Labour is planning an even bigger increase. Under Labour’s proposals, investment would increase by an extra £55 billion a year (around 2.2% of GDP). Like the Conservatives, Labour aims to balance the budget on current spending during the next parliament. However, it plans to fund a huge increase in expenditure with commensurate tax rises: both tax revenues and day-to-day spending are forecast to rise by £83 billion a year. This would result in the state playing a much bigger role in the economy, with government spending as a share of GDP set to rise to 44% in 2023-24 compared with current projections of 37.8%.

There are considerable doubts as to whether the investment plans of both parties will actually be carried out given a lack of ‘shovel ready’ projects and a shortage of skilled production workers. However, on the parties’ current plans, the budget deficit – which has been falling in recent years and stood at 1.9% of GDP for the 2018-19 fiscal year – looks set to rise to around 3% of GDP under the Conservatives and around 4% of GDP under Labour.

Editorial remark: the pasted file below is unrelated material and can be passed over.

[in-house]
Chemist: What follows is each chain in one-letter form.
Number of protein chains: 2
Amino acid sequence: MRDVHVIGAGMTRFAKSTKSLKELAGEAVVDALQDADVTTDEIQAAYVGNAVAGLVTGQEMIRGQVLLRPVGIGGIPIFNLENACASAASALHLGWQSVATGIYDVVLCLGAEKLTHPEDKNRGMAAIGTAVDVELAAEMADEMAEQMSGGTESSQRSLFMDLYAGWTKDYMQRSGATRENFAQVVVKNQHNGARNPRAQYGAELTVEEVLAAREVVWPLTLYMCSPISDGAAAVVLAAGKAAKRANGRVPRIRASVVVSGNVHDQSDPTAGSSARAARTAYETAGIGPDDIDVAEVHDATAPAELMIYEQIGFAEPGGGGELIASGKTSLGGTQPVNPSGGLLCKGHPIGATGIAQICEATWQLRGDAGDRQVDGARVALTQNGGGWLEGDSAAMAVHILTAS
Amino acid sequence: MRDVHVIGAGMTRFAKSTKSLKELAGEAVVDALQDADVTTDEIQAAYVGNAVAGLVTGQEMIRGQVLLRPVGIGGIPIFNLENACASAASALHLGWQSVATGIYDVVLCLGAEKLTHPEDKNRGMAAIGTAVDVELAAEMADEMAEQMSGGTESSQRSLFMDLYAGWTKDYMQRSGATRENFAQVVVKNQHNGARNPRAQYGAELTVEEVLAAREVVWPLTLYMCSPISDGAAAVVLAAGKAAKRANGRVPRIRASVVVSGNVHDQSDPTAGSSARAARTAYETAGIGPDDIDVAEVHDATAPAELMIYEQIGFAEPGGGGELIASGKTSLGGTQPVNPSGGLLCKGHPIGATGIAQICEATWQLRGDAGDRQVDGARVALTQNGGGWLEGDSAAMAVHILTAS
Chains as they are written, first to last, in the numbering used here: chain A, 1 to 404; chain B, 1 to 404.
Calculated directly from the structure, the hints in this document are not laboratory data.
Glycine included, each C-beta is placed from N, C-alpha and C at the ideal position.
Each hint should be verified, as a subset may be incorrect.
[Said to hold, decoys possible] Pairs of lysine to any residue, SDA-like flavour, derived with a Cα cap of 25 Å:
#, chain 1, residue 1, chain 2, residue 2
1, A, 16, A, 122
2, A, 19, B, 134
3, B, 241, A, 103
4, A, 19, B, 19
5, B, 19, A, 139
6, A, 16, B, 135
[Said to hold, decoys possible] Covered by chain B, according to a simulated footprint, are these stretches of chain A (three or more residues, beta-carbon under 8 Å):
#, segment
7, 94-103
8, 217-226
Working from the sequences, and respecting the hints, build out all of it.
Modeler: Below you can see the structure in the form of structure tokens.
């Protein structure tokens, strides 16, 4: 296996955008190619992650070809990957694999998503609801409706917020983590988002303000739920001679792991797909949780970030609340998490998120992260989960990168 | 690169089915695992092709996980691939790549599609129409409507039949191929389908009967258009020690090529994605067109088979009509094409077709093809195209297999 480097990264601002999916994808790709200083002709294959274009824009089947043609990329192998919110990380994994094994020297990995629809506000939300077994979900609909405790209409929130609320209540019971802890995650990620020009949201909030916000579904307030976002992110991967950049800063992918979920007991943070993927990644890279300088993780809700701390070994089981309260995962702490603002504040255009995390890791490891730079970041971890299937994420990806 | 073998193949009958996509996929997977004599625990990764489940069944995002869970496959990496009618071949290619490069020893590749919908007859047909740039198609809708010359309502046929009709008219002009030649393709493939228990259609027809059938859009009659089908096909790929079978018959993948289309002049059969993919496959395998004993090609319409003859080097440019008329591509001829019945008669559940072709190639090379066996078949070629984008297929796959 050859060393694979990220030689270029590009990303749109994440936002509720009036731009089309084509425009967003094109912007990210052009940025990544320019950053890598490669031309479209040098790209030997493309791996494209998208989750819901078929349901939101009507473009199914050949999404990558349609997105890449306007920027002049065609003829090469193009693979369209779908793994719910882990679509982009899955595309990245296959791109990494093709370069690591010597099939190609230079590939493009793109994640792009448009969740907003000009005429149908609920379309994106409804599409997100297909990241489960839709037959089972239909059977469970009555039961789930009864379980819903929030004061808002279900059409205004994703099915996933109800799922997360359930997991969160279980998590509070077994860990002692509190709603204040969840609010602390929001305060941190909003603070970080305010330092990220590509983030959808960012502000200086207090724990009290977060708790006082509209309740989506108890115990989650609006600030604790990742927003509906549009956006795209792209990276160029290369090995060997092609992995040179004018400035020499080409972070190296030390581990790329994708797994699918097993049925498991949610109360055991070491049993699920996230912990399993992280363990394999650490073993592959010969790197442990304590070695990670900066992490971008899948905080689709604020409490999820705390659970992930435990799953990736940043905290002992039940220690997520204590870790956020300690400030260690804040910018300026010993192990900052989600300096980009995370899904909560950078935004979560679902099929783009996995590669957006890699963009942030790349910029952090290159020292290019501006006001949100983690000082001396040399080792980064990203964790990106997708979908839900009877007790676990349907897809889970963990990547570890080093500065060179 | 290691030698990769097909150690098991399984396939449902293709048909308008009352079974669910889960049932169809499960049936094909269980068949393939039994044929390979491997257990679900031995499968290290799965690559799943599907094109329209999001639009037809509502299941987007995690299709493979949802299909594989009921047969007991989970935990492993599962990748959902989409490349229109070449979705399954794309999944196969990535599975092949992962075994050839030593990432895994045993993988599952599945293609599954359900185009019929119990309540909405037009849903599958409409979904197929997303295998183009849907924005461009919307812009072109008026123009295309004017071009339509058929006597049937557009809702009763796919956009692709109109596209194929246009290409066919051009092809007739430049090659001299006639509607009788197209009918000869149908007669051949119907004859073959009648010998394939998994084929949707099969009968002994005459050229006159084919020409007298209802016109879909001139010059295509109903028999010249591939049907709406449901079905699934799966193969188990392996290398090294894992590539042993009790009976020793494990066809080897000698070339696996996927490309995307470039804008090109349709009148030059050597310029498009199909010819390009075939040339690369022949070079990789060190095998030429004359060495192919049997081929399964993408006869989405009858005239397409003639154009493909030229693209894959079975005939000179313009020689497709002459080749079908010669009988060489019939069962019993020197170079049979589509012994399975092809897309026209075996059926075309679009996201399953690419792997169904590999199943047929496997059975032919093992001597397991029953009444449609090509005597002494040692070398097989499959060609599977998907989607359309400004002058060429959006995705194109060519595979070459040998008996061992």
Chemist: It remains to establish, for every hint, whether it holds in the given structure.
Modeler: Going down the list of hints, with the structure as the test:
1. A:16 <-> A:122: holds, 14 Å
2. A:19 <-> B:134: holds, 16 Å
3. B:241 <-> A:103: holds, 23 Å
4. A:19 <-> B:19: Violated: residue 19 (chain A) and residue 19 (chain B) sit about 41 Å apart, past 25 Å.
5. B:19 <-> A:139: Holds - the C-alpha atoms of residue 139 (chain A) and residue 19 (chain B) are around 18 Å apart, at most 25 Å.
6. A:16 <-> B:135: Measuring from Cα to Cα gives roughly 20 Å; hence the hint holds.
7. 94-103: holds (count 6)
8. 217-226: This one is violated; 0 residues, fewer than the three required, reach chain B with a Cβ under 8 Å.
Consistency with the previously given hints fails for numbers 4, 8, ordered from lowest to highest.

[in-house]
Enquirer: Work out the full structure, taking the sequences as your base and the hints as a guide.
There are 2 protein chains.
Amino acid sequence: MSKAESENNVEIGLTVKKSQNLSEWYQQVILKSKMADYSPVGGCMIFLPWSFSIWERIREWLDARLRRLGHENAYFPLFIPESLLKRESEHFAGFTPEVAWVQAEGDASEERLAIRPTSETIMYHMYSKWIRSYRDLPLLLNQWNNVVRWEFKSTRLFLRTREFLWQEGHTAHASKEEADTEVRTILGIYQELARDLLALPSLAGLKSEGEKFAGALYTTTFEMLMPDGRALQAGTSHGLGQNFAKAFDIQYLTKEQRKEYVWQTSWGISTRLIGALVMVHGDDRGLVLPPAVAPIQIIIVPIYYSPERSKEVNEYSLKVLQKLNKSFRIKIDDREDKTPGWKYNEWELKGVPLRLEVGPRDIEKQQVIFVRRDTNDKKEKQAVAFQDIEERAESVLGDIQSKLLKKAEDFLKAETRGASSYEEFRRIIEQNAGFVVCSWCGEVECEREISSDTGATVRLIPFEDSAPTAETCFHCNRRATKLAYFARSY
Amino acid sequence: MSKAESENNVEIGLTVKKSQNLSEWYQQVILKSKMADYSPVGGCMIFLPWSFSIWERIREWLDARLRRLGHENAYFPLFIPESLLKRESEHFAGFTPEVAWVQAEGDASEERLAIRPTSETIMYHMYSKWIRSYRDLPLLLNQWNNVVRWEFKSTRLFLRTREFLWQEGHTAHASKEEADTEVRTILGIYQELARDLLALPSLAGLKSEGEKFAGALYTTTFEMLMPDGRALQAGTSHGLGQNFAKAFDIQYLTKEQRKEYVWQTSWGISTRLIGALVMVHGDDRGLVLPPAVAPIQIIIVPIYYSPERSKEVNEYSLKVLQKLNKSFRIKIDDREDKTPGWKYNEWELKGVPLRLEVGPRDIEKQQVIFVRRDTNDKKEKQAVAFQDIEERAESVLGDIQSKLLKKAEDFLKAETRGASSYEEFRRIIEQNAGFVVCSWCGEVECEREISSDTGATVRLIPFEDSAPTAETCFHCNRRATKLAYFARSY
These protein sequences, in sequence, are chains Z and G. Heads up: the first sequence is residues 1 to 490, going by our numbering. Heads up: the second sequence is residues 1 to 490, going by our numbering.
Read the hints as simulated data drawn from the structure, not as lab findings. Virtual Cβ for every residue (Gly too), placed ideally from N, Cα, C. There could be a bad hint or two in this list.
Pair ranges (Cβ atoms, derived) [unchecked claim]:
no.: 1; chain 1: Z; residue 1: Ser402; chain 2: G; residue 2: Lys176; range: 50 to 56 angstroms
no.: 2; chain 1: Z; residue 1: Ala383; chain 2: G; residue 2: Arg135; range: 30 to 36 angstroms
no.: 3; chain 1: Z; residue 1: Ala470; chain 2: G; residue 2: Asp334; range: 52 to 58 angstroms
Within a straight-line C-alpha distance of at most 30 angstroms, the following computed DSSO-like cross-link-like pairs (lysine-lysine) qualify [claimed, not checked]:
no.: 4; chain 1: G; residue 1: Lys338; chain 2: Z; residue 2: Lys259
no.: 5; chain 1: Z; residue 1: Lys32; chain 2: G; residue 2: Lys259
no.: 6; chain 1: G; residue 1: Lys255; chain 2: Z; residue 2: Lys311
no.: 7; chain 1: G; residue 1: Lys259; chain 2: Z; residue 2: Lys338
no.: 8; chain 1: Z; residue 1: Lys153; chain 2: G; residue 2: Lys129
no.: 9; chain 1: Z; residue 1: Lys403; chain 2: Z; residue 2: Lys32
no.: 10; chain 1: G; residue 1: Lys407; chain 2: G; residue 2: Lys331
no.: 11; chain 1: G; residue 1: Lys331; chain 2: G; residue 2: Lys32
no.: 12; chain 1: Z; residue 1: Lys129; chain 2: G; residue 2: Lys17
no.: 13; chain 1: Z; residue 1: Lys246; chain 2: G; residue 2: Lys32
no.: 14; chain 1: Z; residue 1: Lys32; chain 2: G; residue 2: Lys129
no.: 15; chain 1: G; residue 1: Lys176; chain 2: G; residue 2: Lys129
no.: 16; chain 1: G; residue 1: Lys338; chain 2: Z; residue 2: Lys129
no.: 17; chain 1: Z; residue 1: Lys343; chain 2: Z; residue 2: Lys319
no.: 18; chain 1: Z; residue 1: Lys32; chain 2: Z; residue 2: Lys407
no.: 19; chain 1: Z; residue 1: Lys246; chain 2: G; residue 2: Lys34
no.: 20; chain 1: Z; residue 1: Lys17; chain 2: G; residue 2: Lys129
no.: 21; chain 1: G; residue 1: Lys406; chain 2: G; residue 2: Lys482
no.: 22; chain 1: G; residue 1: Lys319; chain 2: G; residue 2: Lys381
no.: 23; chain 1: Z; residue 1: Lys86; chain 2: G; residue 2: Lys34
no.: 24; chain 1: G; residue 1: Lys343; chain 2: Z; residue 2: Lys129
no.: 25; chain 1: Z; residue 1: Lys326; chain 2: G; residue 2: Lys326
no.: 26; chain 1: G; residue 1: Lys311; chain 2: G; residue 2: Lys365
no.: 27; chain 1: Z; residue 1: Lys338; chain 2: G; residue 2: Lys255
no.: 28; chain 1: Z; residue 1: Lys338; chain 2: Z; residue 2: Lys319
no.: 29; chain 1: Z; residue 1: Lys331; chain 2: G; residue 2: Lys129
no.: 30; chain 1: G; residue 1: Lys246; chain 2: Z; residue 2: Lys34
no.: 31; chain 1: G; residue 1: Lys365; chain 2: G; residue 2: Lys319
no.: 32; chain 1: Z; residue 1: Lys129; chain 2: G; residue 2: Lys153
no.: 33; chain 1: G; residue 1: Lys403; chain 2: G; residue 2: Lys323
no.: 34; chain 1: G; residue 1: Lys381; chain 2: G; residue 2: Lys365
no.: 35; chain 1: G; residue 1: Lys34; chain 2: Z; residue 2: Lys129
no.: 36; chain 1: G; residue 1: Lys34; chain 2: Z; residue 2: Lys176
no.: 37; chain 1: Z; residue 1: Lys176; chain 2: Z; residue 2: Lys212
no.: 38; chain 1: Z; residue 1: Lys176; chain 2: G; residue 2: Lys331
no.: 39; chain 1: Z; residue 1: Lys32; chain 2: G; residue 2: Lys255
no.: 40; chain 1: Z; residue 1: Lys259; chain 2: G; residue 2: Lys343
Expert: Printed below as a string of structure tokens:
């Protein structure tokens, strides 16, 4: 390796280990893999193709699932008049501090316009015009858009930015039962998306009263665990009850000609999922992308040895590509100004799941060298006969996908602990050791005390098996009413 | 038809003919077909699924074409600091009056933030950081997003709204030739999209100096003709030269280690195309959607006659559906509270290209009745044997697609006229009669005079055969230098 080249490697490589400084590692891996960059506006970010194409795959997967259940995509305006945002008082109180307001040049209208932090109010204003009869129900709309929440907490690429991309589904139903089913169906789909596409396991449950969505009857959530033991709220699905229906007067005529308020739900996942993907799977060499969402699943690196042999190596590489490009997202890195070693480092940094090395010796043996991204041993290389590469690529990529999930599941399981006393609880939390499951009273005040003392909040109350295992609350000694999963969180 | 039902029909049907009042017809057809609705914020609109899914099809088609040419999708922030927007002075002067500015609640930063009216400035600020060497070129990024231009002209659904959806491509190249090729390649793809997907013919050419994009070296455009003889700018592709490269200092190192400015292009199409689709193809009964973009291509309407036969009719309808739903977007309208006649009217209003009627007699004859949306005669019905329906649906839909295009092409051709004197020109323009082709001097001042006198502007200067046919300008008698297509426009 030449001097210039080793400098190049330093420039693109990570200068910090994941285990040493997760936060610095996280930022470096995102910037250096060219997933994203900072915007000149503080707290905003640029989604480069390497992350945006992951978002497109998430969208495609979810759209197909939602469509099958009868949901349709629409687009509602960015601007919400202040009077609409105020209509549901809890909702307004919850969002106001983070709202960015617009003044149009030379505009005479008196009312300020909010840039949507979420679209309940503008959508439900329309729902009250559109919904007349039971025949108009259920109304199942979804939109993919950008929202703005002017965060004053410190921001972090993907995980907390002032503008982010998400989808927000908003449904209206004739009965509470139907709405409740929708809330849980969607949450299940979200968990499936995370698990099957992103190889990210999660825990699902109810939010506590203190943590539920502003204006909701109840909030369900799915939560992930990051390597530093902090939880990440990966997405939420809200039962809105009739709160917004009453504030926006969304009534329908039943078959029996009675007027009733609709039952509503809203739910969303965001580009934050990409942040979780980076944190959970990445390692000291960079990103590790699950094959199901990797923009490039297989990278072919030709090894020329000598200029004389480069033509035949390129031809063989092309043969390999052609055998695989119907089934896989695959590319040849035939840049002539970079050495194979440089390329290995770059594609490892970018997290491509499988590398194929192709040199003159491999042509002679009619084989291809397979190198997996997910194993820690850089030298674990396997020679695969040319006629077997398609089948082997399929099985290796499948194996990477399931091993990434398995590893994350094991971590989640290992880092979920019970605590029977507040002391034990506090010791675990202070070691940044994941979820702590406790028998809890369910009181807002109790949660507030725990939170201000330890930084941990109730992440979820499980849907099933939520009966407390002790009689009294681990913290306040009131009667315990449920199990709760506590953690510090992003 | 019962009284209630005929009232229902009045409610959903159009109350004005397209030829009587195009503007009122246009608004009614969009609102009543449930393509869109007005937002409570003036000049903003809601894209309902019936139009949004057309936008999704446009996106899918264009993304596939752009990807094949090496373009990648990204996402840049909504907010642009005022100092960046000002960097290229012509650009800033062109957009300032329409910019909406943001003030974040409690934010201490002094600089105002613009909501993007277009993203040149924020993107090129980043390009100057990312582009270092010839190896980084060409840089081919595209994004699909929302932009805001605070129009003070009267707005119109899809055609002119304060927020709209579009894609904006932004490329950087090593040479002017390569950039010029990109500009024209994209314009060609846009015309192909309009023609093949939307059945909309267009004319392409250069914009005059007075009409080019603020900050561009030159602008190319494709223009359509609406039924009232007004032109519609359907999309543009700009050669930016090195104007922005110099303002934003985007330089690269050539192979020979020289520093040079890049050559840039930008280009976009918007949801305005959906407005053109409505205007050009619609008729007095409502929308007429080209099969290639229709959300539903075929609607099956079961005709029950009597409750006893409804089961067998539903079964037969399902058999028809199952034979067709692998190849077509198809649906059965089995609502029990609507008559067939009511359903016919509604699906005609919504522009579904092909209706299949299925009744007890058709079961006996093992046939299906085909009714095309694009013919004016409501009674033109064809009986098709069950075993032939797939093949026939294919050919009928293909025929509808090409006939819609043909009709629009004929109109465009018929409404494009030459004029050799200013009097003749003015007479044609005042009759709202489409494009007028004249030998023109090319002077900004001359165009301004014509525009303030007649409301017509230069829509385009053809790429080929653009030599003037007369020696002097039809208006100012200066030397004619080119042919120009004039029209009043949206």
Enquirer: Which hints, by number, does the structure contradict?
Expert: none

How might financial markets react to a Labour victory?

Given the low odds that markets currently assign to a Labour victory, a Corbyn premiership is likely to come as a shock to equity investors. The reaction is likely to be less extreme if Labour can only form a minority government, given that the party’s ‘radical’ agenda is likely to be watered down.  

Although Labour’s softer Brexit stance will be viewed favourably by many business leaders, the higher taxes, increased regulation and programme of nationalisation outlined in Labour’s manifesto are likely to offset this and weigh on UK equity markets.